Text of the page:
Larkin added that now providers are seeing sicker patients because of the delay in receiving care, and they are working harder for the same revenue as before the ACA. “There are more patients and fewer reimbursements, and that’s not a good business model,” she said.

Shifting market dynamics

The panel agreed that federal proposals to change Medicaid funding to block grants or per capita caps are intended to reduce the federal matching share of expenditures for that program, potentially forcing additional costs to state budgets. The point was made that unless the states can find additional efficiencies in Medicaid, additional costs for the state will likely result in efforts that may reduce benefits and payments to hospitals and other providers. As that happens, providers will be forced to further shift their losses related to Medicaid and the uninsured to other payers.

“When the rising costs of Medicaid and the uninsured are shifted from the state to hospitals and other providers, these costs often find their way into the payment rates that are ultimately negotiated with other payers and driving up the cost of healthcare coverage for businesses,” said Gilbert.

Jim Springfield added that “unless we learn to manage risk more effectively, shifting costs will irreparably harm the healthcare system in this country.”

Characteristics of a successful system

In looking ahead, the panel discussed some of the possible elements of a successful program.

“First, take away some of the regulations,” said Larkin. “Physicians spend an enormous amount of time reporting and doing paperwork, and that is not a good use of time.”

She also believes that tax credits for employers would be beneficial, as well as having primary care physicians responsible for managing healthcare access for patients. “If the physicians and internists manage a population of patients appropriately, they will receive better care and the physicians will be able to get back to an appropriate revenue stream.”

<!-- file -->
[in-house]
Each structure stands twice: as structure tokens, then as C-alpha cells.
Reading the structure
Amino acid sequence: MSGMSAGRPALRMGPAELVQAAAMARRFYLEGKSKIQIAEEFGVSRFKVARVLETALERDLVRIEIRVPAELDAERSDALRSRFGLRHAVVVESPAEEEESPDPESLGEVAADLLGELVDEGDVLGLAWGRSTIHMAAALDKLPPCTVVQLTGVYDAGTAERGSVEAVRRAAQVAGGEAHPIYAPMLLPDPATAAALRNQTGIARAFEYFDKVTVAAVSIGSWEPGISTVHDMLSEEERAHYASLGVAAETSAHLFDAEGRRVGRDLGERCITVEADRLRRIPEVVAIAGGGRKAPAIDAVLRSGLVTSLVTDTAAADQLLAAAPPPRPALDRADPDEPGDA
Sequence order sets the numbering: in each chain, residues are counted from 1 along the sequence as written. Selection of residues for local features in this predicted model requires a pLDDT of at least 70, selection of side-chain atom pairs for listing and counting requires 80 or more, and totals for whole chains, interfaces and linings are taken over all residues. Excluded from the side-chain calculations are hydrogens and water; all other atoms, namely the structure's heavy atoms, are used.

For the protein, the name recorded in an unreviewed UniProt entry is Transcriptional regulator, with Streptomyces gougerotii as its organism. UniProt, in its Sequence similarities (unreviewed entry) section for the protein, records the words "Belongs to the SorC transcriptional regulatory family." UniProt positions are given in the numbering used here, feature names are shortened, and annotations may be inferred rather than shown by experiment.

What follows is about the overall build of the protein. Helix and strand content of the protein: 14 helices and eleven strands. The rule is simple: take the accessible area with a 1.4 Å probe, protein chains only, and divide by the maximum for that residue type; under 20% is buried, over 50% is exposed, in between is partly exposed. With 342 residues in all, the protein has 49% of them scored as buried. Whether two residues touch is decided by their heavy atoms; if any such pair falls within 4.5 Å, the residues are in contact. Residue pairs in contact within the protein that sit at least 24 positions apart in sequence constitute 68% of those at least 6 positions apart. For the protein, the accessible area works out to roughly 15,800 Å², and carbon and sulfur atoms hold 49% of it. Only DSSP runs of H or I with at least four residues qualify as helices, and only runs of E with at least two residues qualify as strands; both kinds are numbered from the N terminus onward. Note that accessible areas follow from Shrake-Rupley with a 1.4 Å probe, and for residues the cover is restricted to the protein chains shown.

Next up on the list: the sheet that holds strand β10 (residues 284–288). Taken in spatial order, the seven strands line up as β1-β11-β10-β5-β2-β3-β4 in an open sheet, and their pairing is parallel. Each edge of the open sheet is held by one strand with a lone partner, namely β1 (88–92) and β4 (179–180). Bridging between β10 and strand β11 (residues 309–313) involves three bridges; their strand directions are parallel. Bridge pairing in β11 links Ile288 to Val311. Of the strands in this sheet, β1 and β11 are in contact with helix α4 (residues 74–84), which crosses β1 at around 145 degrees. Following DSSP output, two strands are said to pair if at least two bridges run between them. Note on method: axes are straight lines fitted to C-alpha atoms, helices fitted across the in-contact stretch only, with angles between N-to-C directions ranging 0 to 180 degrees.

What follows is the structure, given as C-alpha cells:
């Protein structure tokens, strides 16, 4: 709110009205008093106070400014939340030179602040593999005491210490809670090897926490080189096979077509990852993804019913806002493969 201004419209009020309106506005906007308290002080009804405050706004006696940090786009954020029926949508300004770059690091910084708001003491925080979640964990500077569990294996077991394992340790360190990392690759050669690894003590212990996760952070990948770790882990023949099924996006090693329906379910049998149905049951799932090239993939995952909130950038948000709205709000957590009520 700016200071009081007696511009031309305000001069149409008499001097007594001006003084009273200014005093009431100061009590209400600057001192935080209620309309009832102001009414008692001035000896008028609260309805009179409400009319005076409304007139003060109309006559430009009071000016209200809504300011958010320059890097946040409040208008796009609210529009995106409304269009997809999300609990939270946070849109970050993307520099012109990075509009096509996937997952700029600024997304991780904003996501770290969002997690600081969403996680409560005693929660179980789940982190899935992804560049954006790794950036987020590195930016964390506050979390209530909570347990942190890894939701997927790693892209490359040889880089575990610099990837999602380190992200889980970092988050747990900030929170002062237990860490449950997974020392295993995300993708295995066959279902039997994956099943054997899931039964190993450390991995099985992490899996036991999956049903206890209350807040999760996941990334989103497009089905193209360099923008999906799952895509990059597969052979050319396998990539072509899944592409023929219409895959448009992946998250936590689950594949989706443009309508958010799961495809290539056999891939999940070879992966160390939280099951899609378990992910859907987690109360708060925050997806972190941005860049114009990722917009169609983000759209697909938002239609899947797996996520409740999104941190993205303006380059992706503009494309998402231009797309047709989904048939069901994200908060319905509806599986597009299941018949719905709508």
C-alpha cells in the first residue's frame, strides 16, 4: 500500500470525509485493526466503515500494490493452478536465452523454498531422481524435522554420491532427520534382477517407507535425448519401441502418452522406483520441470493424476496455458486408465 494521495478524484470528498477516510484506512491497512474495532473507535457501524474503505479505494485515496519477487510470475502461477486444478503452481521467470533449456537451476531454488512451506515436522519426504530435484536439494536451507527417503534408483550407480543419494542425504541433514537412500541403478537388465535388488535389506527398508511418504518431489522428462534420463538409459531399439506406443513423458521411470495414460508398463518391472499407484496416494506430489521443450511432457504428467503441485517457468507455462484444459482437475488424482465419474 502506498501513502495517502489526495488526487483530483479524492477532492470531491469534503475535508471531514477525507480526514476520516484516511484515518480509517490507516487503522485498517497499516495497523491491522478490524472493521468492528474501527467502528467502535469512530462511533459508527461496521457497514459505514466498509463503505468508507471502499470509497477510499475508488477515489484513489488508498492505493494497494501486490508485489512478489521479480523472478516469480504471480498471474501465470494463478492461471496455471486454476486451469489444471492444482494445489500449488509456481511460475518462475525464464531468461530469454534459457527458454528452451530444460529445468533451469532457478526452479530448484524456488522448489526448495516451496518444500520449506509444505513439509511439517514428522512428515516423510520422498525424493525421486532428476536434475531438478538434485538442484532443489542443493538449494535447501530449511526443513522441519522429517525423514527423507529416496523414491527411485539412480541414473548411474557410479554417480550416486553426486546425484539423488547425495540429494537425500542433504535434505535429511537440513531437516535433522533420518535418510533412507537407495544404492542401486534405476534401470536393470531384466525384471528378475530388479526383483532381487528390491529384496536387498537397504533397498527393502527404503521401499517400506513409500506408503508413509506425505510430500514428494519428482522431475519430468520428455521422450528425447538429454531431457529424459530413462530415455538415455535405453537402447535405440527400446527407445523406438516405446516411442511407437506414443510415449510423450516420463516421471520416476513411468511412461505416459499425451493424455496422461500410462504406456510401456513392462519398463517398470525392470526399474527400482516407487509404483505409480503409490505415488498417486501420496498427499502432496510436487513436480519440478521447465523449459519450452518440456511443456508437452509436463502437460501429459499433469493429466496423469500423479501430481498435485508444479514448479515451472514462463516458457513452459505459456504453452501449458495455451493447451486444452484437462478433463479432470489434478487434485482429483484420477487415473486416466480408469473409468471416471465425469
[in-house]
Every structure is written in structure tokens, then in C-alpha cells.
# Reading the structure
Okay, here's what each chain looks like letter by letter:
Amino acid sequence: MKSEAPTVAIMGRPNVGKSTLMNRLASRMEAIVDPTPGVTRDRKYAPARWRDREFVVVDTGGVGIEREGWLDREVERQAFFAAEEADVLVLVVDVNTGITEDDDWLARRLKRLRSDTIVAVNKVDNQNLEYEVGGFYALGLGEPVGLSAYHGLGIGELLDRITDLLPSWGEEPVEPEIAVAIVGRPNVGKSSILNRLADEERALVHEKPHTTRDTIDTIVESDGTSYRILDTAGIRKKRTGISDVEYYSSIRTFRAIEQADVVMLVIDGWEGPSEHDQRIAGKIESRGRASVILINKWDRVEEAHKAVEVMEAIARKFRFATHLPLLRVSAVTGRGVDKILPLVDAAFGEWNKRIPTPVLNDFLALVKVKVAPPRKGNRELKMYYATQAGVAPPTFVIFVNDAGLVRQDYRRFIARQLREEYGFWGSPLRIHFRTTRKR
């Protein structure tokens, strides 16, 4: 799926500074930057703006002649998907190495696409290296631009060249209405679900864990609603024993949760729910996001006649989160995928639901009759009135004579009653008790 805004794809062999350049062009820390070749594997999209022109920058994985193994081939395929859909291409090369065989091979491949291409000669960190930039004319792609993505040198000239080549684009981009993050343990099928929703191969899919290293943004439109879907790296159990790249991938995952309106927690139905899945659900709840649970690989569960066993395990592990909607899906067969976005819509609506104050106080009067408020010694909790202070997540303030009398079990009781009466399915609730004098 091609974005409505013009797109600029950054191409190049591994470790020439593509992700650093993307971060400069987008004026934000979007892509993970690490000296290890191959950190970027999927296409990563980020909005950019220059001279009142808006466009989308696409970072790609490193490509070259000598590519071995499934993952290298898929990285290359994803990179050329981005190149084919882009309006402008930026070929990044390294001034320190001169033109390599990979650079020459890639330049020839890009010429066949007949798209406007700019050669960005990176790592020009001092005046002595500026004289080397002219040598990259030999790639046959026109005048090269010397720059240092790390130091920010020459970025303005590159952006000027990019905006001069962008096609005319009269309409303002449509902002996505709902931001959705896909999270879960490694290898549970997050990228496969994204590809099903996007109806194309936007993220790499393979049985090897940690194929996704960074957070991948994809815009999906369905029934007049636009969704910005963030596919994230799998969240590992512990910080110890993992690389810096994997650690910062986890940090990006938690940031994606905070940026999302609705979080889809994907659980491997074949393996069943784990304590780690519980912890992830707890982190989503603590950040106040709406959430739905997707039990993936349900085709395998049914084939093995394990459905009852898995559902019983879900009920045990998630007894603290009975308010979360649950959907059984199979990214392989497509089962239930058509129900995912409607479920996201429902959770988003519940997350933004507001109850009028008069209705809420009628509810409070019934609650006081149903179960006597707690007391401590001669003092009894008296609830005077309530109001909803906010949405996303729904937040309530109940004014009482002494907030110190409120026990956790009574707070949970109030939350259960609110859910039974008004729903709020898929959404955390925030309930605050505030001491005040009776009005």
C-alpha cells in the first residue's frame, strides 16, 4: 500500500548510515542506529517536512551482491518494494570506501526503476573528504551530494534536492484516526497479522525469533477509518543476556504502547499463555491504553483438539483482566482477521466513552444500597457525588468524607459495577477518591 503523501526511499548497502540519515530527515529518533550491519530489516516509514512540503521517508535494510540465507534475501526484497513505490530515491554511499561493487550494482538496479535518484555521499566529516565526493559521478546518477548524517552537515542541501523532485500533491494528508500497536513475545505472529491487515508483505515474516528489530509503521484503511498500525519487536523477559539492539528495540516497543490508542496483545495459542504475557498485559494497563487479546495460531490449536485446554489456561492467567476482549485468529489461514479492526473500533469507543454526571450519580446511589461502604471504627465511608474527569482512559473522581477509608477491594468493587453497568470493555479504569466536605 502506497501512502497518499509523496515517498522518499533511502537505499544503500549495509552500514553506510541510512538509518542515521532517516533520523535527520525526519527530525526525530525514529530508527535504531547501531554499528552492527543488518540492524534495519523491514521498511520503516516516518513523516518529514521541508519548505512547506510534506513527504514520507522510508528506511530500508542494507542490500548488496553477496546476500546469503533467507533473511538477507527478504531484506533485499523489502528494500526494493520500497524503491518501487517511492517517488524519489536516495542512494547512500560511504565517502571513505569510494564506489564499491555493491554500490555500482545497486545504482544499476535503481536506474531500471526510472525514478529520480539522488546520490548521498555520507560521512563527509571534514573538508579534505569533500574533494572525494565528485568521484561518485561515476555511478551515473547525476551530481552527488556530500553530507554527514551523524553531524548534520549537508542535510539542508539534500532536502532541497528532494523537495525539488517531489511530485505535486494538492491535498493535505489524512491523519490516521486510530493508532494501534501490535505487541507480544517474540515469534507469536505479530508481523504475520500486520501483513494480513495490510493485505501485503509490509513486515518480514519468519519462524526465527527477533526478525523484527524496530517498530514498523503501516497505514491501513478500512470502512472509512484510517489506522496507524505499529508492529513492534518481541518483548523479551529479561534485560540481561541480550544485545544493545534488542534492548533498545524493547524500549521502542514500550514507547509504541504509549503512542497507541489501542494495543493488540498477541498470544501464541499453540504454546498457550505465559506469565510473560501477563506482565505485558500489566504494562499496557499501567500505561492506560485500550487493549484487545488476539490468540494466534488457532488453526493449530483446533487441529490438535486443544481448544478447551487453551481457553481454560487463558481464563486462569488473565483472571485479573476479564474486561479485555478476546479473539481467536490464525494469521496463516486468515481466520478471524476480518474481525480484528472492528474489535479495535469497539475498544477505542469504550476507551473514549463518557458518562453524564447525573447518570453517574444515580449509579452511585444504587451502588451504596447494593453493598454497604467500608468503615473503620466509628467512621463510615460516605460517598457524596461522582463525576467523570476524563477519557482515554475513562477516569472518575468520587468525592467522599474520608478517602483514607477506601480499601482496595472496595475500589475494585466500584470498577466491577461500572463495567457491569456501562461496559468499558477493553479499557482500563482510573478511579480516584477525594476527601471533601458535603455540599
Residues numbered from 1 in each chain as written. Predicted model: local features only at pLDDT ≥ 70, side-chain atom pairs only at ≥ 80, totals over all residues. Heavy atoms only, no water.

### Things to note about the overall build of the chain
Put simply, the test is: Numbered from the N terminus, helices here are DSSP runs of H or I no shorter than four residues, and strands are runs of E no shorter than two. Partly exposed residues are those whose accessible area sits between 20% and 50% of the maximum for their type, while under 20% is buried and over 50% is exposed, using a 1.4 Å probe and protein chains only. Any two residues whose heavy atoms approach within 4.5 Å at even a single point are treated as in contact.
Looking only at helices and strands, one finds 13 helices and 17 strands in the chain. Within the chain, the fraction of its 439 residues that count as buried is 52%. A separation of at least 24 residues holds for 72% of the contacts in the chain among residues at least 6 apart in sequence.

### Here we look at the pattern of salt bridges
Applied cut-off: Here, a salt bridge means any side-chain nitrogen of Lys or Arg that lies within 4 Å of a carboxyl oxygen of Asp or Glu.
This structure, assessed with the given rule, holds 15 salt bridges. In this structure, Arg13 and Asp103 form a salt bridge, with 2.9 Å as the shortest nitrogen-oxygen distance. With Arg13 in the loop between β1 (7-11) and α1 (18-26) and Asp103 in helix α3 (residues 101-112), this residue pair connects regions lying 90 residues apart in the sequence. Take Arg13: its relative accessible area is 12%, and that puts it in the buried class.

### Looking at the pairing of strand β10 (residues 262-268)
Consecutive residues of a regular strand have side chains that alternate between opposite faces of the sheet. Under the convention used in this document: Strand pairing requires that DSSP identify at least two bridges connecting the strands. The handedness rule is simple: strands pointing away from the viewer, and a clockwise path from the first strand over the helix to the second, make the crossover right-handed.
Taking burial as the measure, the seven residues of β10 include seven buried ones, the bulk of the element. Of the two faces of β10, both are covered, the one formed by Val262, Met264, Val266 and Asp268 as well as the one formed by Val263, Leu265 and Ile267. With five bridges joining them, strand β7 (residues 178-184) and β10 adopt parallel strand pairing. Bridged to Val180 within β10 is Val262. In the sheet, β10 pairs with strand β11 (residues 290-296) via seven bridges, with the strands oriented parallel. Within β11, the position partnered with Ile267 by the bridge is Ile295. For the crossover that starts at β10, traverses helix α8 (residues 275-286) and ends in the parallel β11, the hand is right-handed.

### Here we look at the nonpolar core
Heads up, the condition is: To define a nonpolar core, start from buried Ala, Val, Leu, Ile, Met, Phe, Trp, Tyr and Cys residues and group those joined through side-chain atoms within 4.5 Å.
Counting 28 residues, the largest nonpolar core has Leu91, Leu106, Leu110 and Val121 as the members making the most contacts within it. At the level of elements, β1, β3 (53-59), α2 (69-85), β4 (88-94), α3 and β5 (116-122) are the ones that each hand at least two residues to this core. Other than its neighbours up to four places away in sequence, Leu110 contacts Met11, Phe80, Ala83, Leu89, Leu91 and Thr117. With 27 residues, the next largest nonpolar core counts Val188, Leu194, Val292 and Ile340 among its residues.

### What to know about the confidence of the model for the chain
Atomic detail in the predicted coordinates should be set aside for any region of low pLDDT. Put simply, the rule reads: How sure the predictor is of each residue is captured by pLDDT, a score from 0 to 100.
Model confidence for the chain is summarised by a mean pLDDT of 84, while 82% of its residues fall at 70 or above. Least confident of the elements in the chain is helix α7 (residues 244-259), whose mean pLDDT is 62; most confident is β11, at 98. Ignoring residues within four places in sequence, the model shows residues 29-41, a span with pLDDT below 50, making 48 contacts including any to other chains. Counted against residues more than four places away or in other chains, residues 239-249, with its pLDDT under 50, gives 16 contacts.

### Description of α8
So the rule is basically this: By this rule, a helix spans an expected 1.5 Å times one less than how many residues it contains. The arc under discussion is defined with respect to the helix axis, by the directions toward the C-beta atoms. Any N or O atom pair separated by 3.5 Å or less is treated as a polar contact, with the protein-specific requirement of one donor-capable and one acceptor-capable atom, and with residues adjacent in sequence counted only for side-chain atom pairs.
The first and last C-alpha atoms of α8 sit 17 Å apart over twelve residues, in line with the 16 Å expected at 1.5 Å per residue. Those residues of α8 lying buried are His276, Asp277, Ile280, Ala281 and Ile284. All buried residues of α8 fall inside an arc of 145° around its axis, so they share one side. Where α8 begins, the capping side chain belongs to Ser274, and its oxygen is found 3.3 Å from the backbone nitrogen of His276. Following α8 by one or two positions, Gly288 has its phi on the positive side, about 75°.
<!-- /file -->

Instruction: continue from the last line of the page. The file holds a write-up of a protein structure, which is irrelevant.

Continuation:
Springfield said that the program will likely take a different form characterized by block grants from the federal government to the states. Medicare may move toward a premium support program, utilizing the existing Medicare Advantage platforms and move away from the current fee-for-service model.

Gilbert agreed and cited that the federal government cannot take back the states’ enhanced Medicaid programs so it will need to reconcile with the states. “Currently, it is a cost-to-benefit program based on enrollment growth and not year-to-year cost. We may see that change.”

“Currently, Medicaid is a shared expense between state and federal government. Block grants and per capita caps that are part of the proposed federal reforms will limit federal participation in the cost of Medicaid over time, whereby pushing a greater share of the cost of the program to the states,” explained Gilbert. “To offset the loss of federal support, states must find sufficient program savings. In a state like Texas that has full penetration of managed care and notoriously low provider rates, it is unclear how those savings can be achieved.”

The conversations between panelists at the BoyarMiller Breakfast Forum can be viewed online at